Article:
Sewn between the delicate mirrors, intricate thread, and vibrant fabric are the stories of the tribal women of Kutch. The district of Kachchh, located in India's Gujarat state, is home to over 20 traditionally practiced crafts, from embroidery to weaving to tie dye; each community with a distinct style unique to their history, culture, and identity. However, a period of extended economic hardship, numerous environmental disasters, and market liberalization has led to the commercialization of this craftswork—crafts once practiced for their own communities are now produced for others.
In the complex warp and weft of women’s lives, changes have not been straightforward; on the one hand, commercialization has allowed for a revival of the craftswork tradition. On the other hand, it has fundamentally changed these communities’ relationships to an integral part of their identity.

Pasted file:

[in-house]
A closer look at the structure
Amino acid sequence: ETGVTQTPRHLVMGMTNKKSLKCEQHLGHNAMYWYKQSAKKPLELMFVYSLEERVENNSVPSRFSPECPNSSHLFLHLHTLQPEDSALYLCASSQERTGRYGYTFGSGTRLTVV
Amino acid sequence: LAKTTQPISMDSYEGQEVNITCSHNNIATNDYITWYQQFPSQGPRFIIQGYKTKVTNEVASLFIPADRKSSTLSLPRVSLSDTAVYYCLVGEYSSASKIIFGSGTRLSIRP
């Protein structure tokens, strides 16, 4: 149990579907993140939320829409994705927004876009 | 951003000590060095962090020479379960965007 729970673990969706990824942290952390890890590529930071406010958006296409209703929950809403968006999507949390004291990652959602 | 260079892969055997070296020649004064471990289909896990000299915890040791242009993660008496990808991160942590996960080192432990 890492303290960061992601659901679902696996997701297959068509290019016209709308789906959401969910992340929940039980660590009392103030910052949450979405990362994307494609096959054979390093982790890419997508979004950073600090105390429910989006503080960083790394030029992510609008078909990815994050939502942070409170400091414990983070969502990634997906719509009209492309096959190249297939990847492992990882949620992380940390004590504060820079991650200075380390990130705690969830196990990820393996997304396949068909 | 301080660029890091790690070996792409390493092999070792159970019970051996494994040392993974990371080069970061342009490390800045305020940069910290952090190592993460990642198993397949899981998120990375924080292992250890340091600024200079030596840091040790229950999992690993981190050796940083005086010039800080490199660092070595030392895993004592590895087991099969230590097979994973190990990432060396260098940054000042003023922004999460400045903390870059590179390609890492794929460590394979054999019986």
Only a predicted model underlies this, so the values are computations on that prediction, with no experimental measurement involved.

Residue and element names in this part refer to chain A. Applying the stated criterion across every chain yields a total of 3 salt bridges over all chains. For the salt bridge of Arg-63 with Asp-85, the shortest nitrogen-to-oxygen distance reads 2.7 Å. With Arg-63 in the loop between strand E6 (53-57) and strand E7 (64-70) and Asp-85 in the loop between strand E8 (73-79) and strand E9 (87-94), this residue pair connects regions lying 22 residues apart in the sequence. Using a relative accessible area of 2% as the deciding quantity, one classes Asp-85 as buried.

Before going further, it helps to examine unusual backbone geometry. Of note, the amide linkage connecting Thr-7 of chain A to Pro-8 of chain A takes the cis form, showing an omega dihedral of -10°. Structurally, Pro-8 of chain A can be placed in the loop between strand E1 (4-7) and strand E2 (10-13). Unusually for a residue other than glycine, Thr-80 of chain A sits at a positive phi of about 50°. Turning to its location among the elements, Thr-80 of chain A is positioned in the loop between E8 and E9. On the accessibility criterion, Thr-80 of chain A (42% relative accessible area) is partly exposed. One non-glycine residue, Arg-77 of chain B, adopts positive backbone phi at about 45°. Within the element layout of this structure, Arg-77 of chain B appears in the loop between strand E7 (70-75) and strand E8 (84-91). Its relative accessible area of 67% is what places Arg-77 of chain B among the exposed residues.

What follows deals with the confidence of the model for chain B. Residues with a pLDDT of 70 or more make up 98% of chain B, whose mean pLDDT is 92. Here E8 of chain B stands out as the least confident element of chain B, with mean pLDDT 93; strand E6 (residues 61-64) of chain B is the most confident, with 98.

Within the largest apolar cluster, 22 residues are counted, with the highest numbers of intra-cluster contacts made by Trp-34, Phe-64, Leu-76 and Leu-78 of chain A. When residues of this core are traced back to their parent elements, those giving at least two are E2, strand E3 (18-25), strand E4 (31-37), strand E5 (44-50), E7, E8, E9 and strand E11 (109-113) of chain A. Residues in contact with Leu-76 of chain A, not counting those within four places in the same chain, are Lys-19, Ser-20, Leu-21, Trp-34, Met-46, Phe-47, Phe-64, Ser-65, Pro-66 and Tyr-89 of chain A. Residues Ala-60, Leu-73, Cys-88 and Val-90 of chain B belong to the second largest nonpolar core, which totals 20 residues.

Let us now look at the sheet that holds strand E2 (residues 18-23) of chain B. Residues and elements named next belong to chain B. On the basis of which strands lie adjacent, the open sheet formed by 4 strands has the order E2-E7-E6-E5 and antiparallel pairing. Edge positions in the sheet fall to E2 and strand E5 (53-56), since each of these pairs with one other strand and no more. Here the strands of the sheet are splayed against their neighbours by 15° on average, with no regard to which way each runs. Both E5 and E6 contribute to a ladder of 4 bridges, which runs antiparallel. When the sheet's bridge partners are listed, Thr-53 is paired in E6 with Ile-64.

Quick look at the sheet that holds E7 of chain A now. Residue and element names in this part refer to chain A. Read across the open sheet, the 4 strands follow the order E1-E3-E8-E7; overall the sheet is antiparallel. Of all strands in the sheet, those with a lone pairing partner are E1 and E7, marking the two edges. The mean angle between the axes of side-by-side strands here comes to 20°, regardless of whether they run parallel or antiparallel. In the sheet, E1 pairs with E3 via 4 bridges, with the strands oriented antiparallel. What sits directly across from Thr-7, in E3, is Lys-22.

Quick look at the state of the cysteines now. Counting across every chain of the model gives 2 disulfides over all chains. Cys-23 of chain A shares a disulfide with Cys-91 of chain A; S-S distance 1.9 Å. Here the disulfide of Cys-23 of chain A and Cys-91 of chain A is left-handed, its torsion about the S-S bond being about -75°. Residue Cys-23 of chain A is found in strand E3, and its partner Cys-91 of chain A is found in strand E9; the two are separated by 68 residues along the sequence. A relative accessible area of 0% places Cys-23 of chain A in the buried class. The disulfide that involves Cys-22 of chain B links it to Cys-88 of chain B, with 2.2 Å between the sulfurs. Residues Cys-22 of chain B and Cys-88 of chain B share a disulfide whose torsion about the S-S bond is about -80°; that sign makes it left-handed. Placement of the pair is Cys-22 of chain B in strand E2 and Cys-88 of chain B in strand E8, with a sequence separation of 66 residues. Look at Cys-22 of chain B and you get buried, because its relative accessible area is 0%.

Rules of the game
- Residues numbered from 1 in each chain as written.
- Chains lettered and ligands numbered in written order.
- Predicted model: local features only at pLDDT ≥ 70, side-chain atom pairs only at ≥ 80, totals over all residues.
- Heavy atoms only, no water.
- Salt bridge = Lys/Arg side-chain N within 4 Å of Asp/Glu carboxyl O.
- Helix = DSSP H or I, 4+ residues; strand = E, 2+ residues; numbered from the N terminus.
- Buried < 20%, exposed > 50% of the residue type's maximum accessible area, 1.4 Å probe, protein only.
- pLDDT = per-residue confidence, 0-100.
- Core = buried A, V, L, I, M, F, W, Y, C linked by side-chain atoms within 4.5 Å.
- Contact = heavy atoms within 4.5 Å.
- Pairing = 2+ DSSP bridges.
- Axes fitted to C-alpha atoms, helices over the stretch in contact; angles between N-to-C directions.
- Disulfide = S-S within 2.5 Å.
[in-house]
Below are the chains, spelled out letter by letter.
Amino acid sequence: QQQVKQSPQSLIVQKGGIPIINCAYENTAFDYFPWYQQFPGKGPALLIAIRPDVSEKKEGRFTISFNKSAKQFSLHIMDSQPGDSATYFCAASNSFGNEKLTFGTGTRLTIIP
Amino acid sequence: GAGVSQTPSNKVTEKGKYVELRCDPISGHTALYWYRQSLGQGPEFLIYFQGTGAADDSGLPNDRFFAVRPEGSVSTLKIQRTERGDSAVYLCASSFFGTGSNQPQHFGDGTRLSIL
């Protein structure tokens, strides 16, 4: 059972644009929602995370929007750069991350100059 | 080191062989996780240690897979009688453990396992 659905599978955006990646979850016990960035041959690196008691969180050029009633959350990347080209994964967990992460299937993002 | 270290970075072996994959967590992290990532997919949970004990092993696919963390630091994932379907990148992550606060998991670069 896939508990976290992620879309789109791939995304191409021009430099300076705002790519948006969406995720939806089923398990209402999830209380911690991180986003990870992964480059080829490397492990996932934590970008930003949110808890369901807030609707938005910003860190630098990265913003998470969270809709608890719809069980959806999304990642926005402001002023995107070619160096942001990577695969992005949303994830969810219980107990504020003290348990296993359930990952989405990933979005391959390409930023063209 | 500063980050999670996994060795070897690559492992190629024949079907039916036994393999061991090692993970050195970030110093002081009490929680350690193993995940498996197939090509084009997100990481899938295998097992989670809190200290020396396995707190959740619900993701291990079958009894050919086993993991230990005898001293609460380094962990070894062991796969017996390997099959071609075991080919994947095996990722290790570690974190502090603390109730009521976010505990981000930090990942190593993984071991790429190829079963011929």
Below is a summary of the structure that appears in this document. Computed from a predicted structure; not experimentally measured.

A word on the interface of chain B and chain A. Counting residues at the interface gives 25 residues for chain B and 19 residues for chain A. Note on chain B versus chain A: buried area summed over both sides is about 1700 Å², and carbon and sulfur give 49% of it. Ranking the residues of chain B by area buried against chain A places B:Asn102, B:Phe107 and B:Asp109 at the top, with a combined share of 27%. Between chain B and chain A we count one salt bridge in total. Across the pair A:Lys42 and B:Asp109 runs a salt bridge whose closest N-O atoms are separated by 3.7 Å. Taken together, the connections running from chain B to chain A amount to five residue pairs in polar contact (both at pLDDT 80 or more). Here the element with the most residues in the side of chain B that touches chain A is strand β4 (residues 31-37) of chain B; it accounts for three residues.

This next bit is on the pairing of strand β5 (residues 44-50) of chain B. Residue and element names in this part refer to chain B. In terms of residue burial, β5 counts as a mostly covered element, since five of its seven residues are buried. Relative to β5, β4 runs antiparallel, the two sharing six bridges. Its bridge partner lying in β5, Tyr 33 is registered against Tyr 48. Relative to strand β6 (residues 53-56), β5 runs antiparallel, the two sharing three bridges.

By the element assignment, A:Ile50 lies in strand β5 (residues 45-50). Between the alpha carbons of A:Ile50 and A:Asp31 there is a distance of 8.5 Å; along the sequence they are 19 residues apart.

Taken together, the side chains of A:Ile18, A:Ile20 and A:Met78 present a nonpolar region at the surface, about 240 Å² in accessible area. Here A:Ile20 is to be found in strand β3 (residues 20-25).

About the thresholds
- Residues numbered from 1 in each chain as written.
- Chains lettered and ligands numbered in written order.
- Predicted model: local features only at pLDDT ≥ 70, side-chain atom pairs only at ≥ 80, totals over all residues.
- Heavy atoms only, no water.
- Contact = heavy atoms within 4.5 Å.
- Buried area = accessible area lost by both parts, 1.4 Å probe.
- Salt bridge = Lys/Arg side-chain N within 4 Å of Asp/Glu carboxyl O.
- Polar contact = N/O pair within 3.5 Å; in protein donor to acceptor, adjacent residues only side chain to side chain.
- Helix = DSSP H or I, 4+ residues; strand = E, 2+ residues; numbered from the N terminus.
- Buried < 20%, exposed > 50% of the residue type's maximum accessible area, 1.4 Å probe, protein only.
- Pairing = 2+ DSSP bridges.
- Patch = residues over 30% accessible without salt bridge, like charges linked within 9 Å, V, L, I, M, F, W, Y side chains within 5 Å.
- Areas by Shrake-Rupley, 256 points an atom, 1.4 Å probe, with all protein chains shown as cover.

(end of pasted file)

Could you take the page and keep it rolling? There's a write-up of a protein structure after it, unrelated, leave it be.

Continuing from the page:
This project explores the intersections between art, justice, and labor through the crafts of Kutch. It asks the questions: What happens when cultural identity must be negotiated through the market? How do global changes manifest themselves in something as intimate as a woman’s artwork? Will craftswork and craftswomen have a future in Kachchh?
×PART OF: Threads of Kutch: The Changing Lives of India's CraftswomenFebruary 13, 2024